Cancer, AIDS and Biomedical Research
J. Donald Capra, THE JOURNAL RECORD
For the first time since statistics have been kept, we are now seeing a perceptible decrease in the death rates from cancer in the United States.
Many factors have contributed to this remarkable turnaround: better diagnosis, better treatment, and a better understanding of the role enviromental agents play in the development of this disease.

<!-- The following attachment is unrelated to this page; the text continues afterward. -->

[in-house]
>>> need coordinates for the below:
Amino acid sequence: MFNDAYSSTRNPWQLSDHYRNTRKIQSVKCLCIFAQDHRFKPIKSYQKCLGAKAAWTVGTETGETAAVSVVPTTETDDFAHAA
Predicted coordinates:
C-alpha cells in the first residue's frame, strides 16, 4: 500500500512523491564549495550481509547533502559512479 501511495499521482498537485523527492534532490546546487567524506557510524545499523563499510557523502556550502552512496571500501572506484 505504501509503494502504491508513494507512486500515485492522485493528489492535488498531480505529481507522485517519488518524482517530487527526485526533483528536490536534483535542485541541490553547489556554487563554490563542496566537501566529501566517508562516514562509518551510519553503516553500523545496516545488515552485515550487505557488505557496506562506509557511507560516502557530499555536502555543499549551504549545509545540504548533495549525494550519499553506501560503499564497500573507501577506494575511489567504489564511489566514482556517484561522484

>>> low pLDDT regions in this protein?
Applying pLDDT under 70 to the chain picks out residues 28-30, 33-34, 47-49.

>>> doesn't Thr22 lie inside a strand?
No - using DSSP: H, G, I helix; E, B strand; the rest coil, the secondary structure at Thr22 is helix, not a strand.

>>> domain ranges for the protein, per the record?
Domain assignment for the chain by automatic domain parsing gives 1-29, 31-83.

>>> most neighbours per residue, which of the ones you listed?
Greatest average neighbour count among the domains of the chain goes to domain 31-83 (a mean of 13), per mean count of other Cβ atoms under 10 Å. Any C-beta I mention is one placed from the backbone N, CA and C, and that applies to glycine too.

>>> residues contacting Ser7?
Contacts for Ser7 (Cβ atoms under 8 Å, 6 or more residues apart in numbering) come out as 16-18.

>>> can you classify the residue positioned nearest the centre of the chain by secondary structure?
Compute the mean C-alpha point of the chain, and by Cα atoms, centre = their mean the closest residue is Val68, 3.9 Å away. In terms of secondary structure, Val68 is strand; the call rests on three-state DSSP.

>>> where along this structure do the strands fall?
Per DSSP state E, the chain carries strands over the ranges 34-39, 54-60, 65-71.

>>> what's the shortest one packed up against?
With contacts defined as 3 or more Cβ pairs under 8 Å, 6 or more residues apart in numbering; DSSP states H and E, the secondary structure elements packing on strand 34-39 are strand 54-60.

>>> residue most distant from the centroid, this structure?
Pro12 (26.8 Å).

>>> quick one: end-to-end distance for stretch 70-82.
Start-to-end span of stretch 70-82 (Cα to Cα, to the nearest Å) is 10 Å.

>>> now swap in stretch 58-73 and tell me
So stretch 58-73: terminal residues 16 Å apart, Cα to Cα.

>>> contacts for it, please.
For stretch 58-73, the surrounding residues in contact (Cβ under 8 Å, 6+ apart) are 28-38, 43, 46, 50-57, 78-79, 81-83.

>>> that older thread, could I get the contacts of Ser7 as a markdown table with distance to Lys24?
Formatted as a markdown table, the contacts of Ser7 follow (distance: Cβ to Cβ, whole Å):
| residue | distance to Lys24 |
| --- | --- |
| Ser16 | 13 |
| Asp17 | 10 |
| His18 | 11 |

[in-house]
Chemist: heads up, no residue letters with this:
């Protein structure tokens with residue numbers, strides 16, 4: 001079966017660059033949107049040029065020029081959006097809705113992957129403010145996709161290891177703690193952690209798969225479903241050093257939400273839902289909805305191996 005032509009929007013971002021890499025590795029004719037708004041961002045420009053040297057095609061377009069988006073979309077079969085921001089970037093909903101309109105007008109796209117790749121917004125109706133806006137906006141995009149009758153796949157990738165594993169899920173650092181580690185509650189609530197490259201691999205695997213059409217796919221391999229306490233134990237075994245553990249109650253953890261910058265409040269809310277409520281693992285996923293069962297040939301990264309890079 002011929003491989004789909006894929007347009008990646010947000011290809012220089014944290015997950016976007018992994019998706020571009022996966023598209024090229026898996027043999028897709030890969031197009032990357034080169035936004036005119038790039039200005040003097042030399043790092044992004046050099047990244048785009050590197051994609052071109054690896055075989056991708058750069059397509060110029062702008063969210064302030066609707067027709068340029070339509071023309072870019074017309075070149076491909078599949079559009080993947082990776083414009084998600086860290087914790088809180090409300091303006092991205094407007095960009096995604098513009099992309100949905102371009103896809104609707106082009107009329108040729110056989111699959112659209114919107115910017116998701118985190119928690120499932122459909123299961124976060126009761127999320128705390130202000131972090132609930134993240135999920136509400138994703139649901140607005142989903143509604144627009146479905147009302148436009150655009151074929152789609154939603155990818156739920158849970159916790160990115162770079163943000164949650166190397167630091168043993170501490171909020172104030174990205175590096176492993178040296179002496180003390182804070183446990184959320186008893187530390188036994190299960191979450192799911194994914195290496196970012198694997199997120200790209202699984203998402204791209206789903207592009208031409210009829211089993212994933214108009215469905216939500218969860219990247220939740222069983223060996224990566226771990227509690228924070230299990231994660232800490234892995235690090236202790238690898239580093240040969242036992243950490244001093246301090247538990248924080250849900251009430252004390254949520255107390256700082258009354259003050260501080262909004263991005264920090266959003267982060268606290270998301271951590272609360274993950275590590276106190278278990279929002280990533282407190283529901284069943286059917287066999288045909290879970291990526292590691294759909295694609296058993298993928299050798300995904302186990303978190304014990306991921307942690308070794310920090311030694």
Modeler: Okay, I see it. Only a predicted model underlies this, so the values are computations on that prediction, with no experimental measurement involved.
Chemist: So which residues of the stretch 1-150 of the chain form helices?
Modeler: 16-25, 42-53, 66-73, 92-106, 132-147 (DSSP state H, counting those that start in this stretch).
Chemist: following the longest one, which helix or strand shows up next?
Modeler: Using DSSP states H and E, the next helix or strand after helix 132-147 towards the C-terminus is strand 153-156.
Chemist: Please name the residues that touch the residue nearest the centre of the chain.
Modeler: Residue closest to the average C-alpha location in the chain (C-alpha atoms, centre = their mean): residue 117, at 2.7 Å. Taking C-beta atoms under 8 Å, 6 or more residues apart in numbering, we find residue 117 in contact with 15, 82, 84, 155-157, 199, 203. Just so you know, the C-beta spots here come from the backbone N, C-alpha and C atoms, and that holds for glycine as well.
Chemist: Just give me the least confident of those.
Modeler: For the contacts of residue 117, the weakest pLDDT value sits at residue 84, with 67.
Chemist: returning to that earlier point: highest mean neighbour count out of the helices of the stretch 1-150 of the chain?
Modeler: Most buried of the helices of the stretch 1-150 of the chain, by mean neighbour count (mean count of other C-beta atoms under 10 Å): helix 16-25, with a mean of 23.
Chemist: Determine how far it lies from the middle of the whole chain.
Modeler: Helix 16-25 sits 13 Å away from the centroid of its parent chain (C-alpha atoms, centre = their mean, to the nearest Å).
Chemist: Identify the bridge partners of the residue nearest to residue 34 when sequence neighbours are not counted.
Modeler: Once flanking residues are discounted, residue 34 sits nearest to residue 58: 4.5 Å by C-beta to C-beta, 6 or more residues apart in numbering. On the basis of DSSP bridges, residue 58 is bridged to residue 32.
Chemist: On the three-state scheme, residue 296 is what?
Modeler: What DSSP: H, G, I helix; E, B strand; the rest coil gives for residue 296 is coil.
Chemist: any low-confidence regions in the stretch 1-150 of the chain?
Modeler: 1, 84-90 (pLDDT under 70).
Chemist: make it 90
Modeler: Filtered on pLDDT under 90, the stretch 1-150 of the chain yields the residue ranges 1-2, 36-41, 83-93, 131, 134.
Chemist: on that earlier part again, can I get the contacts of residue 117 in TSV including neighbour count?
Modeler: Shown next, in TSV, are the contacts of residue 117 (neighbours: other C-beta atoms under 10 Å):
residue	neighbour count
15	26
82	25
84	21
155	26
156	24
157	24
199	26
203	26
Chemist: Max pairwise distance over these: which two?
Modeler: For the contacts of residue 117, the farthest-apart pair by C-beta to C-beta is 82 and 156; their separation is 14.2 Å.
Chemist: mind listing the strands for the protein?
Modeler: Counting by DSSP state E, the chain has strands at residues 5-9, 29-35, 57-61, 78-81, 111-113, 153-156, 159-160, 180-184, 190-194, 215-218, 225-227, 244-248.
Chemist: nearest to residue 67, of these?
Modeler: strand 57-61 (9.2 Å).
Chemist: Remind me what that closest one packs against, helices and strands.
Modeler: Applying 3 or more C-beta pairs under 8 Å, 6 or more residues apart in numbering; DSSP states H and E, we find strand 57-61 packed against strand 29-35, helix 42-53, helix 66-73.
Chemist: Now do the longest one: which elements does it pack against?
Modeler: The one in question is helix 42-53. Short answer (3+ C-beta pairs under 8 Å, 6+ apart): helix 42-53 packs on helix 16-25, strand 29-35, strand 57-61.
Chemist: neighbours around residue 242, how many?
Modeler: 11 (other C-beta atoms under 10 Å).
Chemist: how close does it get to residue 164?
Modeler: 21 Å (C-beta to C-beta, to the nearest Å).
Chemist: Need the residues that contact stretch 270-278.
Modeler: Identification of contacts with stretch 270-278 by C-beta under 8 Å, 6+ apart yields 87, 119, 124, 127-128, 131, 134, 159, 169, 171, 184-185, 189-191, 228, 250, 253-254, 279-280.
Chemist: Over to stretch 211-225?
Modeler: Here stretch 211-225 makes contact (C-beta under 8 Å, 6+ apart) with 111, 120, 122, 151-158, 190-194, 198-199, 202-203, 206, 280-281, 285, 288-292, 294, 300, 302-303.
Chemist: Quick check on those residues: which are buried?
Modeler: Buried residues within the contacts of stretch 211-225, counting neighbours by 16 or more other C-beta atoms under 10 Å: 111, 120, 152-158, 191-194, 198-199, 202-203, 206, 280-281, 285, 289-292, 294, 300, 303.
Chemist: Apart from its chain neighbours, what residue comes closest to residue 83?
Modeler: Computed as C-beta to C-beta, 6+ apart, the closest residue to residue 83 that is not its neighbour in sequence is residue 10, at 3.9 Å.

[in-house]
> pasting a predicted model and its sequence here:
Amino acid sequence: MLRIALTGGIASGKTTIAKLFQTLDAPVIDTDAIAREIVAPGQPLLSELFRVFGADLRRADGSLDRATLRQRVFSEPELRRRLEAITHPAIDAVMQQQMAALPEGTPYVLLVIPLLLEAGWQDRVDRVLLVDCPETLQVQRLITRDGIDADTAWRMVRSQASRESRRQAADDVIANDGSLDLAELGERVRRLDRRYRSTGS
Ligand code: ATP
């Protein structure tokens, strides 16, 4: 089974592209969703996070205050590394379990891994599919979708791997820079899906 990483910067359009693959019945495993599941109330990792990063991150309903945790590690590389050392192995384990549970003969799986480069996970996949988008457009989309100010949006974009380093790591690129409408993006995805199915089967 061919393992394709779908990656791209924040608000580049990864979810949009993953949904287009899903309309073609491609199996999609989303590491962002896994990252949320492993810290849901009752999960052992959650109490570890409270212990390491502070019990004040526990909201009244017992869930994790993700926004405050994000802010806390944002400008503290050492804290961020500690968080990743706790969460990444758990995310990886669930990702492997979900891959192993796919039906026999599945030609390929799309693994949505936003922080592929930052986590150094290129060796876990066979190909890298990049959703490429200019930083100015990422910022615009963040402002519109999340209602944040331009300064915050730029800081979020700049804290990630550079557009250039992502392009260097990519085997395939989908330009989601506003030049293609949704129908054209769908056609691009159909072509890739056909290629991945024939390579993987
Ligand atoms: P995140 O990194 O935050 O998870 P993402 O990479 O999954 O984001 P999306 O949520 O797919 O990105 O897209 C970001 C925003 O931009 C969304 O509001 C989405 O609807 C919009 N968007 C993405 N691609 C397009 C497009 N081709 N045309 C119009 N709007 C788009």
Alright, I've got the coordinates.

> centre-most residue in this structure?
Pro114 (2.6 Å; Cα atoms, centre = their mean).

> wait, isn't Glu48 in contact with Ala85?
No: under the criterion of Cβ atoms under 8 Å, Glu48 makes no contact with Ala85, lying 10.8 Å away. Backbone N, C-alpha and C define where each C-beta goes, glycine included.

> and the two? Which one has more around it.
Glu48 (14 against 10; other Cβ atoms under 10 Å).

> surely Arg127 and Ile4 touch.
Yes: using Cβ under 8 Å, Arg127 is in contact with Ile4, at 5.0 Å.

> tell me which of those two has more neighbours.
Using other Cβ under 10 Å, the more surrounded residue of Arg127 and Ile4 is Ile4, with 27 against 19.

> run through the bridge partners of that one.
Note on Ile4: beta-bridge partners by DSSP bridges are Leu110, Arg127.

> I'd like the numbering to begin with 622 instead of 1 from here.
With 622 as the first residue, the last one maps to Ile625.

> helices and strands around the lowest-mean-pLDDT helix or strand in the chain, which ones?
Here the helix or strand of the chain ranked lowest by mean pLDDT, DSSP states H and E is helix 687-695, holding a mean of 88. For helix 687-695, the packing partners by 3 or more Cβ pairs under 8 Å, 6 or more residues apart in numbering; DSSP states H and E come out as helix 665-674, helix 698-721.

For example, while we have known for more than 30 years that cigarette smoking was strongly associated with lung cancer, it has been only relatively recently that we have appreciated that cigarette smoking is related to increased incidences of several other cancers as well -- cancer of the lip, mouth, esophagus, stomach and colon. Additionally, it has taken three decades of public service campaigns in the media to make the public aware of the dangers of cigarette smoking. Finally, since cancer as related to cigarette smoking occurs after years of exposure to cigarette smoke, it would naturally be many years before we would see a fall in cancer rates because of smoking cessation programs. Scientists and physicians now see cancer as fundamentally different from smallpox, polio or other viral-type diseases. In the case of polio, for example, three viruses cause the disease. Thus, vaccines could be prepared that prevented infection. We now understand that cancer is many diseases, with the common denominator being the uncontrolled growth of cells. Even the cutting-edge genetic approaches are more complex than we first believed. Rather than there being a single or a few genes that predispose one to certain cancers, we now apprecate that there are literally hundreds of genes that are involved in various stages of cancer initiation, progression and metastasis. …